Growing a field of typical edible greens can be thought of as nature-meets-science.
But Emma Self Treadwell, founder of Green Girl Produce, has learned that for microgreens to grow, nature and science have to go beyond the meeting to a full-on nature-science embrace.
Several years ago Emma was an artsy, nature-loving Southern farm girl with a crazy idea: to grow a multitude of microgreens—indoors, without soil. She launched her Green Girl Produce eco brand after an intense 48-hour pitch and planning session with mentors and investors at Launch Memphis in 2012.
As Tennessee’s first indoor vertical farm, Green Girl specializes in microgreens—a gourmet mix of tasty, nutritious greens—cultivated in Midtown Memphis.
Emma uses a hydroponic system, which is a soilless method of growing plants in a water-based, nutrient-rich solution. The basic premise behind hydroponics is to allow the plant roots to come in direct contact with the nutrient solution, while also having access to oxygen, which is essential for proper growth. Advantages of hydroponics include using 90 percent less water than traditional farming, planting and harvesting despite weather conditions, and eliminating the need for pesticides, herbicides and other harsh chemical treatments.
No stranger to farming, Emma, born and raised in Memphis, has deep roots in gardening and growing produce.
Her mom’s family grew their own vegetables, and her dad grew up on a soybean farm in Marks, Mississippi. (The soybean meal was refined into vegetable oil at a place called Humko Oil Refinery, just across the street from where Green Girl is now located.) Growing up, Emma liked going down to the farm to play in the big trailers filled with cotton and ride around with the guys driving the big tractors. Sitting on her dad’s lap, she learned to drive a Bronco on all the dirt roads in and around the farm.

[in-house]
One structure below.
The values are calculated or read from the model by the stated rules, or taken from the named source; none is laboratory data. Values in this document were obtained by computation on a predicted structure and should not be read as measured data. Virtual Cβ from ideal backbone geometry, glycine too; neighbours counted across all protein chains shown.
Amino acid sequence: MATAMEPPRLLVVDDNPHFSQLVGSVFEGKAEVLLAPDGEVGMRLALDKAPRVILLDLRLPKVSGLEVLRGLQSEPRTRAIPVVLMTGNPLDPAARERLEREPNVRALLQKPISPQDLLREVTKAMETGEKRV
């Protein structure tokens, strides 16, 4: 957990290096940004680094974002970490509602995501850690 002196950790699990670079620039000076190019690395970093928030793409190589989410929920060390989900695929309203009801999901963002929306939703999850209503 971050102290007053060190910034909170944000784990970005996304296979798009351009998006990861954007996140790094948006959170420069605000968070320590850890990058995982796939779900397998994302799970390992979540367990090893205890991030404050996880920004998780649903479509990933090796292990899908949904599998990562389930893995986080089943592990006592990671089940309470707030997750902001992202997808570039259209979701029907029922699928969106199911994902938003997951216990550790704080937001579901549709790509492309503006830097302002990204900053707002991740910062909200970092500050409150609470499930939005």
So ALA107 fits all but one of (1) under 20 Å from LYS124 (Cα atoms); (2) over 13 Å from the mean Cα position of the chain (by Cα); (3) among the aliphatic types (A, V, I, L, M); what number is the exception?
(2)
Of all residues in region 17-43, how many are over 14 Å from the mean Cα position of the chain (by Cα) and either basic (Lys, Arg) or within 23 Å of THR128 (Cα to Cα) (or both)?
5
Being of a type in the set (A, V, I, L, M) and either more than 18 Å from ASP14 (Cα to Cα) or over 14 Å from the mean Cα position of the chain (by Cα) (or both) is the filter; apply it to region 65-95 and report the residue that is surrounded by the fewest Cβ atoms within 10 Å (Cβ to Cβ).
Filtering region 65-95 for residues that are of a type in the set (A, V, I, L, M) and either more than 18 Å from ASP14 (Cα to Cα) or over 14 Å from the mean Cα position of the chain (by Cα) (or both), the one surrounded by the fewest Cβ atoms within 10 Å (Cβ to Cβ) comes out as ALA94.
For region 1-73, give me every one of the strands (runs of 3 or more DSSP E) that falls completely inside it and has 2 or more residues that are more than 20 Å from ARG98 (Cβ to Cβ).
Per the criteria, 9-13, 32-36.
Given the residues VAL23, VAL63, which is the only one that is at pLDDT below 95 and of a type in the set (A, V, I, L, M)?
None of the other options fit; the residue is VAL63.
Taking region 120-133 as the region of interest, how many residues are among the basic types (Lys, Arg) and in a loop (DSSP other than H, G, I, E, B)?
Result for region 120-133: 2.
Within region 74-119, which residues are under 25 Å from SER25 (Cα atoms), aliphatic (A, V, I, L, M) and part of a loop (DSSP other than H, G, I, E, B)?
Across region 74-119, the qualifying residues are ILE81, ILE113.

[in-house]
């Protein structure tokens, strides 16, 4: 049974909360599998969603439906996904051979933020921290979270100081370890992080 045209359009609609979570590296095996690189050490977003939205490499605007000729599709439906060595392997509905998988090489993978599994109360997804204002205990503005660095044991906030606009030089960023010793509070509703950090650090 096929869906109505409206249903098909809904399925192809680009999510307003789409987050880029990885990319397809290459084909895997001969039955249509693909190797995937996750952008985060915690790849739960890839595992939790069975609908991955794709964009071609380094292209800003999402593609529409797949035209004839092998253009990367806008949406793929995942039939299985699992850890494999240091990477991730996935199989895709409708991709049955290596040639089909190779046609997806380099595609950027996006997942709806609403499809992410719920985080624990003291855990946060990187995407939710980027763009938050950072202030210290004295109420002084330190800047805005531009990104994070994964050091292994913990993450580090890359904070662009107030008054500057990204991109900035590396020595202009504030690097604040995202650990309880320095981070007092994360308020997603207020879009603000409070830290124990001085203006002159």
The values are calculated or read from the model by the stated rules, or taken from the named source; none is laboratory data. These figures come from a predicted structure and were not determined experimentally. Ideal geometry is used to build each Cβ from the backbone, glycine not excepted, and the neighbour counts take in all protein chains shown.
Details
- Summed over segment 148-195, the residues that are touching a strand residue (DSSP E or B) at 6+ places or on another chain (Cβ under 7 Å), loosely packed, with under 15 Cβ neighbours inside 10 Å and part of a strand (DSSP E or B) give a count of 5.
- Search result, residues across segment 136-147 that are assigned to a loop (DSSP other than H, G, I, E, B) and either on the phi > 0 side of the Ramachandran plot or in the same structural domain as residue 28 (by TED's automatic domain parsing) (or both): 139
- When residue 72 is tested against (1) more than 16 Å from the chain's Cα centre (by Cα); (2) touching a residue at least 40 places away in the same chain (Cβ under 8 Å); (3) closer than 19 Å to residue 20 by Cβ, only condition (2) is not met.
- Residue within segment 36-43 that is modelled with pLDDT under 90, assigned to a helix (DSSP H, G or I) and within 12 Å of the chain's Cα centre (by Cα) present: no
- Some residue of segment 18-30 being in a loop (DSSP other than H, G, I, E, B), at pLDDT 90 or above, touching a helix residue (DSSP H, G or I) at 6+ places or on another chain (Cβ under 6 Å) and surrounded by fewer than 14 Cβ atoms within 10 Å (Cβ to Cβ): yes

Emma studied fine arts and crafting at Tennessee Tech University’s Appalachian Center for Craft in Smithville, Tennessee, receiving a degree in textiles with an emphasis in woodworking, ceramics and metalsmithing. While in college, she studied abroad in Peru, working with a community of weavers—women who trained her in process, attention to detail and mastering color. She later taught art and gardening at Evergreen Montessori School (now closed) before hitching her wagon to the restaurant industry, specifically as a waitress at Sweet Grass. Working with Chef Ryan Trimm and other local chefs, she found herself drawn to the world of fresh farm-to-table produce. She would later meet restaurant owner and entrepreneur Taylor Berger, who encouraged her to pursue Green Girl Produce.
Growing microgreens ethically with hydroponics offers challenges, including system set-up, pumping, water supply, maintaining proper nutrients and plant maturity. But Emma has found that her crafting and farming skills work hand in hand to help her meet these challenges. She loves building and constructing and designed a meticulous system for growing microgreens.
In fact, all of her prototypes and irrigation systems were crafted by hand using materials she repurposed to create superb functionality.
“Mistakes are the best teachable moments, and I embrace them,” says Emma. “Whether flooding out tenants below me in my early days at Emerge Memphis, or just the other day when I almost fried the electrical system using the wrong cord—these type of things help improve the entire system.”